This week’s blog prompt asks us to think about what we know in regards to curriculum development. The prompt asks us to write about how we think school curricula are developed.
Prior to reading this article what I know about how school curricula are developed is a somewhat basic understanding. Curricula is developed in a process. A group of educators from the province who are involved in varying levels of the curricula that is about to be changed are gathered and begin the process of deciding “what our children need to know”. This group is often made up of school teachers from many of the school divisions in the province, faculty members from the U of R and the U of S who are involved in the teacher education faculty of the corresponding subject area, and in some cases an Elder or current students. Changes to be made to the curricula are first discussed and debated within the initial advisory group or renewal group depending on the state of the curriculum. After a draft of the curriculum is created it is sent to the ministry of education to be reviewed and sent back with possible edits or omissions. This process continues until both sides reach an agreement as to a curriculum that will satisfy all parties. A variation of this can take place in the case of locally developed or locally modified course.
After doing this weeks readings I found that I was not far off about who it is that can be brought together as an advisory or renewal group for curriculum construction. I was aware that there was some political impact on the creation of curriculum from provincial Education Ministry. However the biggest take away for me in relation to this weeks reading was the influences that affect public policy in general. Thinking about the way that Politics operates in relation to the influences of voters, special interest groups, in relation to a constant opposition and in the shadow of re-election shows just how much external influence there is on the creation of public policy such as curriculum. It seemed to me that those most fit to shape curriculum would be those who are experts (professors) combined with those who experience it (teachers and students) and some form of public/general opinion (politicians and elders). This combination of members seems to balance the lofty goals of academia against the realities of real world experience and sociocultural conditions. It seems like an ideal combination of experts and non-experts. The problem is that curriculum renewal or creation doesn’t take place in a vacuum. Although the formal curriculum may be a written document there is no denying that curriculum is more than that. We need to think of not only the formal curriculum but the lived curriculum, the hidden curriculum, the null curriculum. The curriculum that is lived/experienced and taught/learned is not always what is written in the formal curriculum that is shaped by boards, based on research and results, etc.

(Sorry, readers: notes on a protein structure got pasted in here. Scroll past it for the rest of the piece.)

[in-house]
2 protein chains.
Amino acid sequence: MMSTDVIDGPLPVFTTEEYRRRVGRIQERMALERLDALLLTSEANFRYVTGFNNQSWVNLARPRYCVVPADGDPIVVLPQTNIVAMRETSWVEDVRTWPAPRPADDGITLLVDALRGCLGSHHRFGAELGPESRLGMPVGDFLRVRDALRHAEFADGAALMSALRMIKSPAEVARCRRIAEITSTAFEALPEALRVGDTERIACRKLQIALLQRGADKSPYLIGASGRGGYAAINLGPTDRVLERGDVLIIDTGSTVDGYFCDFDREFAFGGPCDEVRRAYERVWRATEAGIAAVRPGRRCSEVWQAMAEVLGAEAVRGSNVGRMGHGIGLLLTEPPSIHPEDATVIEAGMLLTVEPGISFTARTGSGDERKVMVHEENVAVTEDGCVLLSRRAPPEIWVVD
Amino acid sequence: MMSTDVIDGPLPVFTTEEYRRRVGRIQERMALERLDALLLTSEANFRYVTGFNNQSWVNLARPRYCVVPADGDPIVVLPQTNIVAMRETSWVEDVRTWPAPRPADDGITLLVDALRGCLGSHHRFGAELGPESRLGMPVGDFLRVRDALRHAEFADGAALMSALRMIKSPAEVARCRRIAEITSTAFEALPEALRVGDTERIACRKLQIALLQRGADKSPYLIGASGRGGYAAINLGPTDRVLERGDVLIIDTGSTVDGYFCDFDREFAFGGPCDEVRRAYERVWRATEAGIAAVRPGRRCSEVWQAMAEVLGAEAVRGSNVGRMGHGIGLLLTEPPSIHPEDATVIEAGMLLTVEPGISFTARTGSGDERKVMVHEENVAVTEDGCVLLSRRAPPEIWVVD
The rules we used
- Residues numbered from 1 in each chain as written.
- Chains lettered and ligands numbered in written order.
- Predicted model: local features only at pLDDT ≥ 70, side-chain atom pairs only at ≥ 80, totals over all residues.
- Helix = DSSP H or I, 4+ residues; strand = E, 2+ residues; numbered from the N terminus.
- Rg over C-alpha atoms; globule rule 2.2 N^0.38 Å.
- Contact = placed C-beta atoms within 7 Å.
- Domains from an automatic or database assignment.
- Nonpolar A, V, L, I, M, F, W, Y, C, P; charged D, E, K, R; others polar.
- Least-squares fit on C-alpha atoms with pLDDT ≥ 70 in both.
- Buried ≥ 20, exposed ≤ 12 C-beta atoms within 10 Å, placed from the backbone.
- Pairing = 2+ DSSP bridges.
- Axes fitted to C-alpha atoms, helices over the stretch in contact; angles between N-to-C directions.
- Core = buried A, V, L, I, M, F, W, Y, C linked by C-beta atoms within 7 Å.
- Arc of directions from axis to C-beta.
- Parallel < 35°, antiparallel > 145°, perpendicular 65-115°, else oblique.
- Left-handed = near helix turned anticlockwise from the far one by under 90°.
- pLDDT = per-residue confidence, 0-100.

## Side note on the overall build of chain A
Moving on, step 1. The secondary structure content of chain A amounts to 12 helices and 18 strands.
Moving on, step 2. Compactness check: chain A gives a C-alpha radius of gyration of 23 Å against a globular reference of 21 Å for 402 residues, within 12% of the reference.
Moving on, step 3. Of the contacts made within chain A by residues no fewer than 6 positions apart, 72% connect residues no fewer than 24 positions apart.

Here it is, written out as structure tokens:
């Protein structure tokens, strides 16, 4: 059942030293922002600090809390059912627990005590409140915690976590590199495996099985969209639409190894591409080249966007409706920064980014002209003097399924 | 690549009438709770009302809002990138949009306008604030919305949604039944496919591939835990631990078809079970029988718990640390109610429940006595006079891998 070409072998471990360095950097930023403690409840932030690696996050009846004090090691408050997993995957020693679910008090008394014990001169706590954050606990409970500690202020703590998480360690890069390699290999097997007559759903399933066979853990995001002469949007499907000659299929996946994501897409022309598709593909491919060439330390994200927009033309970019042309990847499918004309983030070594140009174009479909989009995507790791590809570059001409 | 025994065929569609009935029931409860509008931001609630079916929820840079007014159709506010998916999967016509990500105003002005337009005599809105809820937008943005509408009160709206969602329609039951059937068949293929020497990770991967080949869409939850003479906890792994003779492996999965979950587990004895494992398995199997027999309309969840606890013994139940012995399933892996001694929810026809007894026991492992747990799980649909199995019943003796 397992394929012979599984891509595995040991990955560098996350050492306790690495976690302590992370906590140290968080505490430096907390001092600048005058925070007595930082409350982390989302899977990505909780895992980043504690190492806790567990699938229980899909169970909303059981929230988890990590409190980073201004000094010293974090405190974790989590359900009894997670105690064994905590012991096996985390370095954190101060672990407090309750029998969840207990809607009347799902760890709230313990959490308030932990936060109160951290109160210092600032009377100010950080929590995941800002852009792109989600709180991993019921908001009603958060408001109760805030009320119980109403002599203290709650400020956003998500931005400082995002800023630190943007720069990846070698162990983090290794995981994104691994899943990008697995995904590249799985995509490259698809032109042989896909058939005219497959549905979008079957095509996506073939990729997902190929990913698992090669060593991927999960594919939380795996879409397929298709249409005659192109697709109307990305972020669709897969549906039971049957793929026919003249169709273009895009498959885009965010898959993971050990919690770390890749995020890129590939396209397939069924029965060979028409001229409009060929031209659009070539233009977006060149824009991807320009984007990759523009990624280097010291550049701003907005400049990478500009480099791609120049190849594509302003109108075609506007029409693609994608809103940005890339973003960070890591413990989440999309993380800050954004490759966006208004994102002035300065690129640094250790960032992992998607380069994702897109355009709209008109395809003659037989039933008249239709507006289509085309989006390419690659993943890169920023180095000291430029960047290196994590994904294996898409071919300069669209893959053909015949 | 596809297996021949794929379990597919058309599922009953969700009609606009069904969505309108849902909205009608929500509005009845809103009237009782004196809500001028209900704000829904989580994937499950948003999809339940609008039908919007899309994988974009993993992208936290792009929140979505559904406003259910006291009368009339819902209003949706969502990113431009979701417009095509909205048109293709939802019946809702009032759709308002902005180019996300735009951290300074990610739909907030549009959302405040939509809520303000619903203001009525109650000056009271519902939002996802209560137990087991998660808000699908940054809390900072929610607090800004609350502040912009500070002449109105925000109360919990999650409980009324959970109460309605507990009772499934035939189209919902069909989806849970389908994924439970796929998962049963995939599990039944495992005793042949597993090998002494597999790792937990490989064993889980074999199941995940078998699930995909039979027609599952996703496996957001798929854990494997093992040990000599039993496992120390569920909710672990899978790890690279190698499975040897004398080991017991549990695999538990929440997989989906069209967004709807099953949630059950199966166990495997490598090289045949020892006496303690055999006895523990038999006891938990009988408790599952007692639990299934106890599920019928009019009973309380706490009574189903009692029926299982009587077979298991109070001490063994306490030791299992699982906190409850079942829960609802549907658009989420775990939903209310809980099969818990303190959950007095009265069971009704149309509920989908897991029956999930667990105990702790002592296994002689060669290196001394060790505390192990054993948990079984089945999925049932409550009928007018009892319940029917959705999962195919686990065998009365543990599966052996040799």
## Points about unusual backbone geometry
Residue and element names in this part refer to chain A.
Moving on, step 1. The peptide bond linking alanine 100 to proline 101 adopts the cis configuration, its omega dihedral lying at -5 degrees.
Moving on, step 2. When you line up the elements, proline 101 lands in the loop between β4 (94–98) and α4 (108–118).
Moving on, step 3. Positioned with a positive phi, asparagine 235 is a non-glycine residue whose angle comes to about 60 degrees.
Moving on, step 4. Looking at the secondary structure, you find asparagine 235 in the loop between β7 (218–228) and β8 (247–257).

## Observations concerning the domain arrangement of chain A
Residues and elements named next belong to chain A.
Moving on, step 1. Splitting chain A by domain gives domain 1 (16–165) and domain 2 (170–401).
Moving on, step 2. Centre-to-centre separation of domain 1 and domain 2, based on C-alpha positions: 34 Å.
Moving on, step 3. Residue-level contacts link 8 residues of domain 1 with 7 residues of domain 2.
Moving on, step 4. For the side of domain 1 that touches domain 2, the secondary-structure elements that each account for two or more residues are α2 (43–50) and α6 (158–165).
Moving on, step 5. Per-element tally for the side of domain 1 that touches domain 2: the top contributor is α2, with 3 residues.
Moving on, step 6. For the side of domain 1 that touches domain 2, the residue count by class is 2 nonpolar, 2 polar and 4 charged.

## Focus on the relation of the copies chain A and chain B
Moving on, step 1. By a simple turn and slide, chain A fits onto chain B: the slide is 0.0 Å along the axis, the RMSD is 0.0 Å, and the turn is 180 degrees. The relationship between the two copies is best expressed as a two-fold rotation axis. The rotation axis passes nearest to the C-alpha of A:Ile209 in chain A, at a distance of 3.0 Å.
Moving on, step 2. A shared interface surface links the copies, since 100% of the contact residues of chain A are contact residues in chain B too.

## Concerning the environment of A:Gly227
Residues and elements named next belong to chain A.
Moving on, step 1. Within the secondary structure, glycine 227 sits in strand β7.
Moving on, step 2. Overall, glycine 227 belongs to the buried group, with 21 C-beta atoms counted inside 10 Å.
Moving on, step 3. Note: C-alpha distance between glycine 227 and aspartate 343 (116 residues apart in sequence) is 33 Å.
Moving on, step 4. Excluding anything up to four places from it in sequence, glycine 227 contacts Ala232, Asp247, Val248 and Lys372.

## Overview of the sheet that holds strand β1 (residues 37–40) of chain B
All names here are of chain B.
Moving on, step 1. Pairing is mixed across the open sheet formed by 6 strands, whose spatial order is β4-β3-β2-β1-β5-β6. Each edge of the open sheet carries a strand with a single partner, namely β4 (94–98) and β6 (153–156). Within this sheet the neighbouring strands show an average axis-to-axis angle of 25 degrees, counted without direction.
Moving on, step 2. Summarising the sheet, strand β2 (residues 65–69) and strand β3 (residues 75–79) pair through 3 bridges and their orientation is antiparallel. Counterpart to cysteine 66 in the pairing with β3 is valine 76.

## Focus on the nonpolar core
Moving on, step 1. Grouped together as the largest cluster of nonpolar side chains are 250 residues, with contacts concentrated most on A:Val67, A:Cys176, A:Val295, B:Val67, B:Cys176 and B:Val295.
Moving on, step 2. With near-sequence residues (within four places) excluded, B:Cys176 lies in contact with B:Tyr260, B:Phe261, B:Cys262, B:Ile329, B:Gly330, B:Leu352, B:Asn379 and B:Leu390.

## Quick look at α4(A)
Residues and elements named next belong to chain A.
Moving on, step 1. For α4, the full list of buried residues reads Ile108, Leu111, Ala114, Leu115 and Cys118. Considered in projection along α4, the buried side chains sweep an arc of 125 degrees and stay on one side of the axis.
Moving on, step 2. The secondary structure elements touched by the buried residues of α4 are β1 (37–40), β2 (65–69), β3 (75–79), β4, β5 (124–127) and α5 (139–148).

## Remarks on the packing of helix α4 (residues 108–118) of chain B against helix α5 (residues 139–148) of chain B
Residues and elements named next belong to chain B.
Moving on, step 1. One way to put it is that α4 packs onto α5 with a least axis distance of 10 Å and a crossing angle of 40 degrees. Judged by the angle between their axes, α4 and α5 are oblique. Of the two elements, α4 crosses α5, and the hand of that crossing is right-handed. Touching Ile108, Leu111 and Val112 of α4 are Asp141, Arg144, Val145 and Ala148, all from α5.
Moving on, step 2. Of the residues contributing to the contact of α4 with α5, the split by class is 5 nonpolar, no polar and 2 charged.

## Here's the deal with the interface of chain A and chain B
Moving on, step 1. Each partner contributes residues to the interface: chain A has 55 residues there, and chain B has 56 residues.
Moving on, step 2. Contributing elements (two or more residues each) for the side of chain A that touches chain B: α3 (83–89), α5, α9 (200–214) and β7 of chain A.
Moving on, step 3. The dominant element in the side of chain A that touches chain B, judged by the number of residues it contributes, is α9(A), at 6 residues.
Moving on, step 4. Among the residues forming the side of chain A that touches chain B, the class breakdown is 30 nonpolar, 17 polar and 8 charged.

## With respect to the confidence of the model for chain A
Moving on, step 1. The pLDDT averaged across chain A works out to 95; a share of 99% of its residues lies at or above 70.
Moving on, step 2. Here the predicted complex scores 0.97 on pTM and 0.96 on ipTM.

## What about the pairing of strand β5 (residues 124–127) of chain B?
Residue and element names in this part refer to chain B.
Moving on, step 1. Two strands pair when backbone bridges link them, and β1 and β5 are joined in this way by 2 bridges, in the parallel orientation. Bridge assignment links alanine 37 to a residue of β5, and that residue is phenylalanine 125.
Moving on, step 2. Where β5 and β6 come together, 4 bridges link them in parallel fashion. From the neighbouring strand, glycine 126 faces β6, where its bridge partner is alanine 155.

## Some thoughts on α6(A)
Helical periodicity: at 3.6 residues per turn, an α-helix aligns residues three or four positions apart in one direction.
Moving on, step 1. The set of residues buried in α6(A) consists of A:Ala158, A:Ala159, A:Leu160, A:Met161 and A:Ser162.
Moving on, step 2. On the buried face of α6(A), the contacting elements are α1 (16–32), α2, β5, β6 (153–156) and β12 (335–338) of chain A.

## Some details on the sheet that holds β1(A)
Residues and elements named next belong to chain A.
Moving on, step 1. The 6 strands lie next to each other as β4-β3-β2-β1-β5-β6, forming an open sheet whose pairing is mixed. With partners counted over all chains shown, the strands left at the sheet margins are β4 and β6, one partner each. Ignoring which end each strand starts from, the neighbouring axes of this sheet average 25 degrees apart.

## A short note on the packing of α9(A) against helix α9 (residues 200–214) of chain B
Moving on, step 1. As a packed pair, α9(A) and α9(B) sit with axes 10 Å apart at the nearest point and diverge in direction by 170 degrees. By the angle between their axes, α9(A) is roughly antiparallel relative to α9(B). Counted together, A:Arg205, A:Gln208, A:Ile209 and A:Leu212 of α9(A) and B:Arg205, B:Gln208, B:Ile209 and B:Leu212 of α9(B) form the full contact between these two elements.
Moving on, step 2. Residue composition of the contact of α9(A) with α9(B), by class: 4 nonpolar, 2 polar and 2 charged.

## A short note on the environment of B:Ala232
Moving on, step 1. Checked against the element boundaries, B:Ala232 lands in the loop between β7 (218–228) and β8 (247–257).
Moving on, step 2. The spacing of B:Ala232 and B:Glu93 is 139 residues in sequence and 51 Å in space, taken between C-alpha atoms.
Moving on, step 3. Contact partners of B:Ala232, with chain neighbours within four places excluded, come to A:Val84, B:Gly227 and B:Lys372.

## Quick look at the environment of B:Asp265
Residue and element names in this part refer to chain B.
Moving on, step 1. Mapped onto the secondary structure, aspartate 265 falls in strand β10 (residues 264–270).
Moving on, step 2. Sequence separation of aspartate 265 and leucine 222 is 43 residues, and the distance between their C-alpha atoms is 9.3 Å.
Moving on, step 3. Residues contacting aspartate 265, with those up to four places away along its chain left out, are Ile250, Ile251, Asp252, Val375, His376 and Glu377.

I think that after really analyzing what curriculum is and how it can be shaped it is concerning to me to think of the views on all sides of curriculum and how it can affect its creation as well as its goals. The point has been brought up in the reading and in classes through out my Education degree that, in terms of public policy, most people have an opinion on Education because they believe themselves to have some expertise on the subject based on experience. Many people have been through at least twelve years in the Education system and this leads them to believe they understand how it should be shaped based on that experience (this includes potential pre-service teachers). The problem is that experience does not make you an expert on policy– I have spent a fair bit of time in the emergency room but I don’t think I should be shaping policy on health care. So why do we create curriculum in a political climate that is in constant flux and a society that is constantly evolving? The issues come from experience with Education that follows a traditionalist model– transmission approaches to Education have dominated the Western worldview of what education looks like and transmission fits easily into curriculum that can be written down, followed systematically (Tyler Rationale) and ignores context. For a long time it was believed that knowledge was finite and could be taught and learned but as we come to understand that is no longer the case we need to look at how we shape curriculum that is flexible in content and context in order to adjust for political climate and evolution in societal views of what is valuable and what is dominant culture.
Creating a curriculum that is fluid, that seeks equality while honouring distinction, that empowers all learners, that meets the needs of society, that is student centric, that educates, etc. is not a task to be taken lightly or one that I think will ever be fully finished.